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I love accompanying little kids - they are so honest about everything, sometimes painfully honest. What I love most are the times then their honesty is something quite different - when their ability to say what they are feeling without fear of criticism leads to them sharing more of themselves in their music making.
At the beginning of the summer I got to play for another Suzuki book recital. The studio I regularly play for is a wonderfully creative and inspiring place. The teacher, Lisa Liske-Doorandish, provides an environment where a young person's emerging voice is encouraged and applauded and these book recitals, occasions to celebrate the accomplishments of individual students, are no exception. Each recital has a different flavor, a different spirit about it depending on the cellist that is performing. I've accompanied some in which the child comes up with an intricate plan in regards to the order of pieces, some that are accompanied by an illustrated program, and some that include improvised transitions between the pieces. This last recital, however, presented a new but very welcome twist to the concept of a program. Not only was every piece listed written in a different font but the young cellist, probably around 8 or 9 years old, wrote a sentence or two describing what he felt about each one. I'm going to include it all here because I think it's pretty precious. (Forgive me for not changing fonts for each one.)
- Berceuse (Schubert) -This music is so calm and makes me want to take a nap. I played it a lot for my baby hamsters. I love how beautiful it is.
- Gavotte (Lully) - I like this piece, especially the scale section. It feels kind of bouncy to me and the low A at the end of the scale part is my favorite note.
- Minuet (Boccherini) - :-( I am kind of tired of this piece because it's long, especially after our group played it all week at Suzuki camp, but I do like the trio part because it has a strong sound when the rest of the piece is light.
- Scherzo (Webster) - :-) This is a fun piece to play!! I like how it goes between bouncy and calm. The calm section reminds me of ripples on a lake.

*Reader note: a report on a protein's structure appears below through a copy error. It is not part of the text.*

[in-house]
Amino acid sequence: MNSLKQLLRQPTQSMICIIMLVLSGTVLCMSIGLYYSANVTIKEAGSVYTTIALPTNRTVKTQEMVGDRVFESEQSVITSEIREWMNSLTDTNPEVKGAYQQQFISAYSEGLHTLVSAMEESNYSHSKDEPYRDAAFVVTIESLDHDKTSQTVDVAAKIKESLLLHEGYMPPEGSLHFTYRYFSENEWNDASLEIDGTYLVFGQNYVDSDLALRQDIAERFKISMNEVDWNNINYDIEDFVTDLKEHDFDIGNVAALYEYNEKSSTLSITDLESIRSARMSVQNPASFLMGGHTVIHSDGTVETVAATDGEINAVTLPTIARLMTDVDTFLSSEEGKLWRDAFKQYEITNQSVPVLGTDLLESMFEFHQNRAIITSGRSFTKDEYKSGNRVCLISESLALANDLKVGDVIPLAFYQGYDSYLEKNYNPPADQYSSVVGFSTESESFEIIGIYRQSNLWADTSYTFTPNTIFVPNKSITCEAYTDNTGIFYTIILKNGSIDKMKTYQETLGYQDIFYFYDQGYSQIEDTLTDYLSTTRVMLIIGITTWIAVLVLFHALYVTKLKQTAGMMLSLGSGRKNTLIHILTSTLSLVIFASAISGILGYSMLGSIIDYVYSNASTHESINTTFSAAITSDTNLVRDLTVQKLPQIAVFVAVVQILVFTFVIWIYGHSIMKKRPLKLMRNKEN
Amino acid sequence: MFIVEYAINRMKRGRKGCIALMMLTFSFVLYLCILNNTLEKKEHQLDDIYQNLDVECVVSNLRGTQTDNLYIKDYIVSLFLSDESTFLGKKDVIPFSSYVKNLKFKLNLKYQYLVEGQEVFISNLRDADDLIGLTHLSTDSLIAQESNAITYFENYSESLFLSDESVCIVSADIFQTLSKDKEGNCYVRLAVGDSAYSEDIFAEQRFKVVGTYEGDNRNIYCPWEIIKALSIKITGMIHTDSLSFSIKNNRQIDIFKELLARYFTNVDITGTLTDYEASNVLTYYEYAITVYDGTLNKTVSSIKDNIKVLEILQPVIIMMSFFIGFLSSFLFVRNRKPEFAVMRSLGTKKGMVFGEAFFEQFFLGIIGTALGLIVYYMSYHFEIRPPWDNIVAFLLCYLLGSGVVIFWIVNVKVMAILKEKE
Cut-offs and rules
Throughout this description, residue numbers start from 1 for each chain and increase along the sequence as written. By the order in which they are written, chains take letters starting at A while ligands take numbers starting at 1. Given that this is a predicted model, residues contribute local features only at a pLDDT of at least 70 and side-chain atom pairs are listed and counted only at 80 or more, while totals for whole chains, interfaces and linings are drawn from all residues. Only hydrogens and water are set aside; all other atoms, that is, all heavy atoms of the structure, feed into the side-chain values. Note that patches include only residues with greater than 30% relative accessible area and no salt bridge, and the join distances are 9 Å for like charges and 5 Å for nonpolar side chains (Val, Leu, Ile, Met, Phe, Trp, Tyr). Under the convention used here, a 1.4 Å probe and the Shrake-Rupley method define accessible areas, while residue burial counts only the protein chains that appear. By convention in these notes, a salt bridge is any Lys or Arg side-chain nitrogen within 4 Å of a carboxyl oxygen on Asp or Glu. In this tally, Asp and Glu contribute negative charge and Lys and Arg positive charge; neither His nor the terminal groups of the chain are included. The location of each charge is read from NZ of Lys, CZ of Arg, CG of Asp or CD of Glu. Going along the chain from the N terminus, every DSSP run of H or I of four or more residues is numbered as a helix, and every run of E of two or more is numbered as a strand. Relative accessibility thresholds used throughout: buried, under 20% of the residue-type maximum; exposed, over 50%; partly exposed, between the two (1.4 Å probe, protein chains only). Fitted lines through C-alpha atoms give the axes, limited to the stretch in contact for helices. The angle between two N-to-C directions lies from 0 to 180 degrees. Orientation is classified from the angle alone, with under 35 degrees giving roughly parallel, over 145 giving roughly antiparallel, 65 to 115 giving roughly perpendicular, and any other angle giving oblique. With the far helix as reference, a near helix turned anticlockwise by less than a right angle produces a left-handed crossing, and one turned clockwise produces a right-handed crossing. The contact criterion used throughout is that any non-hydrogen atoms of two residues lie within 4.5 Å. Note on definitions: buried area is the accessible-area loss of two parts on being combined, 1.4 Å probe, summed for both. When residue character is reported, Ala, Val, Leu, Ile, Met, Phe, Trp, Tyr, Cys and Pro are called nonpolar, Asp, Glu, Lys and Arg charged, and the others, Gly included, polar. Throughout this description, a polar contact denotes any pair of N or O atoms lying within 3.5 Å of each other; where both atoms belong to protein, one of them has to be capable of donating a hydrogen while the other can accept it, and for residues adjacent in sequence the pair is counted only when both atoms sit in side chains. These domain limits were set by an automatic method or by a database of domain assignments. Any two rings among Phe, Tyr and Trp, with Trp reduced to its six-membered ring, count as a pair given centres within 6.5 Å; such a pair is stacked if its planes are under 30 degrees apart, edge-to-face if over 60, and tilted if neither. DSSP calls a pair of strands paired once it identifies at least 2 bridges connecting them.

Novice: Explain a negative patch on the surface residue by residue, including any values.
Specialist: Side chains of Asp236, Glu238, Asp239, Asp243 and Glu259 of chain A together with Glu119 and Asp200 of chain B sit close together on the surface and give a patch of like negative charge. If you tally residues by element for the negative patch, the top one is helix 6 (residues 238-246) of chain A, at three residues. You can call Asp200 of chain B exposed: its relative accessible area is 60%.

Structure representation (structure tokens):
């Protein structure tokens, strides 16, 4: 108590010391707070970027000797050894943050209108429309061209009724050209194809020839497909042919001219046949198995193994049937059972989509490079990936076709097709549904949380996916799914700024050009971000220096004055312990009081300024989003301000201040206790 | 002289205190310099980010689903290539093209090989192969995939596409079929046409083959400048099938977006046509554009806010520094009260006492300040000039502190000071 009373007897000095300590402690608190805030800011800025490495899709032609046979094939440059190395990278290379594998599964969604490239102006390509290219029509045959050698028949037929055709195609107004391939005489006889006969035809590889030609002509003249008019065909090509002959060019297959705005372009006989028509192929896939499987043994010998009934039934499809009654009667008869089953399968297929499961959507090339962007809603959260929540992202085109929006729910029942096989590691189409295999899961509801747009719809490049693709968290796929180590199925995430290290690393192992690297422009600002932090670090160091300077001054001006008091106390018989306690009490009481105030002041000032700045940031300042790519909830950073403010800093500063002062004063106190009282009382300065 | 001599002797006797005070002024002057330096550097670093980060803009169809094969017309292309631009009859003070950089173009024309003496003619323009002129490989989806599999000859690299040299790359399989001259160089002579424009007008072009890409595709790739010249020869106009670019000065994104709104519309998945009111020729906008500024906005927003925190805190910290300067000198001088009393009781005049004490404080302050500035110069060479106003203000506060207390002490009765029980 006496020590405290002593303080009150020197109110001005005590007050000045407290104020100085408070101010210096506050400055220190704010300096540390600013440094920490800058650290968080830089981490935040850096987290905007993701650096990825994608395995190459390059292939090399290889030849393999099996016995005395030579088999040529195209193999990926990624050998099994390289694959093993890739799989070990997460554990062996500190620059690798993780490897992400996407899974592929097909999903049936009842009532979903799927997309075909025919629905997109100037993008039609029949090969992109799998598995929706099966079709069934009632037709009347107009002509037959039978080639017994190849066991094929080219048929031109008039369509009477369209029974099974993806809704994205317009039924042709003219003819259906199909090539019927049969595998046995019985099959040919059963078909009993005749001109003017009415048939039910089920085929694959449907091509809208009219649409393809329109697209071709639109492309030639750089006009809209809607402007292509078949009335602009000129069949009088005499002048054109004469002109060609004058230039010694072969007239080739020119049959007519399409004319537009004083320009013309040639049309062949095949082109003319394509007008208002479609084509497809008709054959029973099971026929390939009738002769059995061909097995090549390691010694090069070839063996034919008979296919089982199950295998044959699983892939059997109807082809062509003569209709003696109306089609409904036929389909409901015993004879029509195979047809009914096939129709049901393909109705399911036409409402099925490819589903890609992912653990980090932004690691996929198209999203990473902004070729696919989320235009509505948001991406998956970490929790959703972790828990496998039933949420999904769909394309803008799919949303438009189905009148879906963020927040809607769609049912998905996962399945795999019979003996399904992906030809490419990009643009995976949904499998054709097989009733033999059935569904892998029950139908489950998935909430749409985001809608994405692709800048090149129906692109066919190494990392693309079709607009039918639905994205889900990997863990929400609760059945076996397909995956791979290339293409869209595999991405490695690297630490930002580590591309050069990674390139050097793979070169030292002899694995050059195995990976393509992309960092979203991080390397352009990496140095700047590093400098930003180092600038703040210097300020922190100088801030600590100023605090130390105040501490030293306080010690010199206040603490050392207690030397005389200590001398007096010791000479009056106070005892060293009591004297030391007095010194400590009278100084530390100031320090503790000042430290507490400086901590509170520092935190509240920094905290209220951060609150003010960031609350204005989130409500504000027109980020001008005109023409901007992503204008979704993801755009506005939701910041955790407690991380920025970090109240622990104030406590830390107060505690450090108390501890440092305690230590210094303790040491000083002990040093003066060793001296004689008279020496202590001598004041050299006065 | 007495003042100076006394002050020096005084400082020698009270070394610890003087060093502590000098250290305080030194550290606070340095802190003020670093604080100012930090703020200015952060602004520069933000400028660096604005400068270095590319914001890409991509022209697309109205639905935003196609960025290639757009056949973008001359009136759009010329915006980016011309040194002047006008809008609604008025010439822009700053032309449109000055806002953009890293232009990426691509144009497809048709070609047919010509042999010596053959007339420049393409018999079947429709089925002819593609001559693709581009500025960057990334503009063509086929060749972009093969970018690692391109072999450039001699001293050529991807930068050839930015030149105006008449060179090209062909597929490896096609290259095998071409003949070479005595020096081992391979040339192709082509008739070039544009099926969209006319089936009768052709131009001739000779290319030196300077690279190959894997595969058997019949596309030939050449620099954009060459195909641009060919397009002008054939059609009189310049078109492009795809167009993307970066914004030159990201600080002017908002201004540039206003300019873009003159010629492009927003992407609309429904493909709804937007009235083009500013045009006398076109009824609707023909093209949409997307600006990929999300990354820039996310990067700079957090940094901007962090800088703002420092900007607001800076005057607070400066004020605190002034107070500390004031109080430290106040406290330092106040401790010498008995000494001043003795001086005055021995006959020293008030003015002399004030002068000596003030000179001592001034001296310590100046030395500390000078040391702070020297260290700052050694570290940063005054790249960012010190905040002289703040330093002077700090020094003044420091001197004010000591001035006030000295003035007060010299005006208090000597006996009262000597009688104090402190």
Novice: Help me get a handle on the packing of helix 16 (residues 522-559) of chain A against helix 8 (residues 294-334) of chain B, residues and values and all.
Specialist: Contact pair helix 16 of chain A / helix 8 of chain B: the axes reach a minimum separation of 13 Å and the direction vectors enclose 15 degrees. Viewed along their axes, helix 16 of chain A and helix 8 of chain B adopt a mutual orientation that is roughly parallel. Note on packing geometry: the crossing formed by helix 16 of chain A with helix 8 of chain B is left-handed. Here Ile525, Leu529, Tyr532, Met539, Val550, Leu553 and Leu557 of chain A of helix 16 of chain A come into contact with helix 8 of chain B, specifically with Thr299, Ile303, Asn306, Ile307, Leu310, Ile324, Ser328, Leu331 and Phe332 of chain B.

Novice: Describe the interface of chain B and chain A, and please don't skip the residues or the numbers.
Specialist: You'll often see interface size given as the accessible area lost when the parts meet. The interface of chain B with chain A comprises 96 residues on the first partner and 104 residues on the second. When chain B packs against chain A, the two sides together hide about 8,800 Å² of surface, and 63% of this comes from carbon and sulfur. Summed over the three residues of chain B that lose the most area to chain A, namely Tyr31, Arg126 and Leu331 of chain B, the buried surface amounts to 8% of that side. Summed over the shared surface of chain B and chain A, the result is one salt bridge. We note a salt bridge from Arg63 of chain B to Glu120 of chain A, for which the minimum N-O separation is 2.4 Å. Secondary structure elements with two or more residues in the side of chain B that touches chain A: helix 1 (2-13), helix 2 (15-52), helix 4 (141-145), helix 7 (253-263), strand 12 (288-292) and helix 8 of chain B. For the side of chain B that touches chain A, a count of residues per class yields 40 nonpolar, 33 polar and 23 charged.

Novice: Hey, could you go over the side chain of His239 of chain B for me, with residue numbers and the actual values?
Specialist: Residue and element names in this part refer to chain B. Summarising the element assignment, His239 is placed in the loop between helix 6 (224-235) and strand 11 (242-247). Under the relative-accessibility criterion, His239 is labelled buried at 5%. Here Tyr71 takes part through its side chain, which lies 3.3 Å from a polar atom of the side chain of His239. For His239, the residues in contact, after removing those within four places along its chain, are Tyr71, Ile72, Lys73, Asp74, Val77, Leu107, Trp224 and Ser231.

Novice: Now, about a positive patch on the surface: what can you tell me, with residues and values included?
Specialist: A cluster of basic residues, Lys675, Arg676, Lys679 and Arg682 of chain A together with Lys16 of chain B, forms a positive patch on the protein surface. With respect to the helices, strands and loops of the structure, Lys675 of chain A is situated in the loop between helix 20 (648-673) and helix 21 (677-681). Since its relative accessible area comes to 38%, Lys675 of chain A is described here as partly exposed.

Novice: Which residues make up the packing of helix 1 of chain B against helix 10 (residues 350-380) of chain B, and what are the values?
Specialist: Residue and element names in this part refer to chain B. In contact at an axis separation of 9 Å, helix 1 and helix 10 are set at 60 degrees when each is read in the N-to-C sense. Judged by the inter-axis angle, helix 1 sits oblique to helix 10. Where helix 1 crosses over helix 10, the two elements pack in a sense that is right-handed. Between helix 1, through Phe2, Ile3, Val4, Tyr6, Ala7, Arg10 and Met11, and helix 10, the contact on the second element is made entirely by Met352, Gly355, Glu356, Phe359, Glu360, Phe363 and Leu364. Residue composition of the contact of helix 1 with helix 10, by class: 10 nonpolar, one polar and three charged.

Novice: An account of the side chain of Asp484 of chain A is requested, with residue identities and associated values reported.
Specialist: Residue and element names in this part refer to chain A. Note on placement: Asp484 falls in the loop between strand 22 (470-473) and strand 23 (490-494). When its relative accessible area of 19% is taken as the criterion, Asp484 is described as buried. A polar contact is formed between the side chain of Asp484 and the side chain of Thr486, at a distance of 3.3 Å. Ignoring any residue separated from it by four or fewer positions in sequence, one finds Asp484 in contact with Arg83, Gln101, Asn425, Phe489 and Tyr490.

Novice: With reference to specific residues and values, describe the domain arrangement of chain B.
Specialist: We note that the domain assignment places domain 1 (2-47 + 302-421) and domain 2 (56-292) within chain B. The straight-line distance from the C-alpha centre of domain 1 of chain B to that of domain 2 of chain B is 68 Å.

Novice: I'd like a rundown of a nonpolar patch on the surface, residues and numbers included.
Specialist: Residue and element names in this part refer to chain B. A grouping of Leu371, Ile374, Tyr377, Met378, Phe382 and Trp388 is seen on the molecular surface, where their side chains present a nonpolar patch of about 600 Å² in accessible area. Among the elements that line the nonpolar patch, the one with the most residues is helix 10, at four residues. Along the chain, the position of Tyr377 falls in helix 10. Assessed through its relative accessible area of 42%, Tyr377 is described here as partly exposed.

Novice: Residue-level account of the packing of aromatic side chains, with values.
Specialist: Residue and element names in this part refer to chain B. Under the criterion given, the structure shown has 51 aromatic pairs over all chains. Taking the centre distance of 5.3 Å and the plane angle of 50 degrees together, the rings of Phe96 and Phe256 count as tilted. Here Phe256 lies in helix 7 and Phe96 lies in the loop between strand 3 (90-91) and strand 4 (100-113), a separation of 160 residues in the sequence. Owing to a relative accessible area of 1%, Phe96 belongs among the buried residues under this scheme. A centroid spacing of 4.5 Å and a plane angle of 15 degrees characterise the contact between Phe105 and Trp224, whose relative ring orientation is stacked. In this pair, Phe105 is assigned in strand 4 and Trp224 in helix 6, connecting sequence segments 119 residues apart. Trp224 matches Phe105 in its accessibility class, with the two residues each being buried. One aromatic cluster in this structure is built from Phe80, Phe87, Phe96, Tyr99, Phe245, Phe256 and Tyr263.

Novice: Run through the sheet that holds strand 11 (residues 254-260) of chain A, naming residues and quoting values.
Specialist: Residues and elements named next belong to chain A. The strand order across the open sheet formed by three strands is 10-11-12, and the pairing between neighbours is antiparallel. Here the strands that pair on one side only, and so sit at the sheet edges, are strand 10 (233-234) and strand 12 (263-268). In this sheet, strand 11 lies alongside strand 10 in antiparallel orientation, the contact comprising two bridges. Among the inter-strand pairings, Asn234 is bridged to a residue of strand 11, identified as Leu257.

- Minuet in G (Beethoven) - I like how peaceful the first part is, kind of like a sea turtle swimming. The trio kind of reminds me of a Mexican jumping bean.
- Gavotte in G Minor (Bach) - This is my favorite piece in the whole book! I love how sad it is - someone trapped in a cave while a mountain lion is circling around it.
- Minuet (Bach) - I like the minor part better than the major part because sad music is more fun to play because you can put more emotion in it.
- Humoresque (Dvorak) - This piece is about alligators gulping up butterflies. The butterfly happily flies over the swamp and then an alligator tries to eat it but the butterfly escapes and continues flying. The alligator tries again and the butterfly is swallowed up.
- La Cinquantaine (Gabriel-Marie) - I enjoy the minor part of this piece and play it with a light bow.
- Allegro Moderato (Bach) - This was the hardest piece in the book, not only the fingerings but putting it together with the piano. The piano plays a completely different part and it is kind of confusing.
I think it's pretty to safe to say that those in attendance had no problem following along and staying engaged with this particular book recital. And even though I've heard all of these pieces in the exact same order many times the music sounded different to me this time because it wasn't just about the music, it was clearly also about him. He was sharing what the music meant to him, even when how we felt wasn't so glowing. When he got to the Boccherini Minuet, the one that earned a sad face, I found myself rooting for him in hopes that my silent cheering would somehow give him extra inspiration. When he got to the smiley face selection I was ready to hear him play his heart out, which he did! And the ones with stories of butterflies, alligators, being trapped in caves, and mountain lions? Oh my goodness, his images made it all come alive for me and gave me such a precious glimpse into this young musician's imagination and world.
As professionals and amateurs, should we too come up with such soul-bearing, imagination-revealing programs? I'm not so against that idea because in my experience many audiences come to performances not only to hear music, but to also get a glimpse of humanity - to feel like they are making a connection with the people on stage. I've even had audience members not steeped in classical music culture, tell me that they have so much respect for musicians but are somewhat intimidated by them. When I speak to them from the heart and give them an idea of who I am they are sometimes shocked that they are being included. I like that kind of shock and think they do too.
So why learn from musical kids being kids? Let's go ahead and be a little more creative and honest when it comes to programs and program notes.
But maybe we could leave out the emoticons! ;-)
MMrecital - the Program Booklet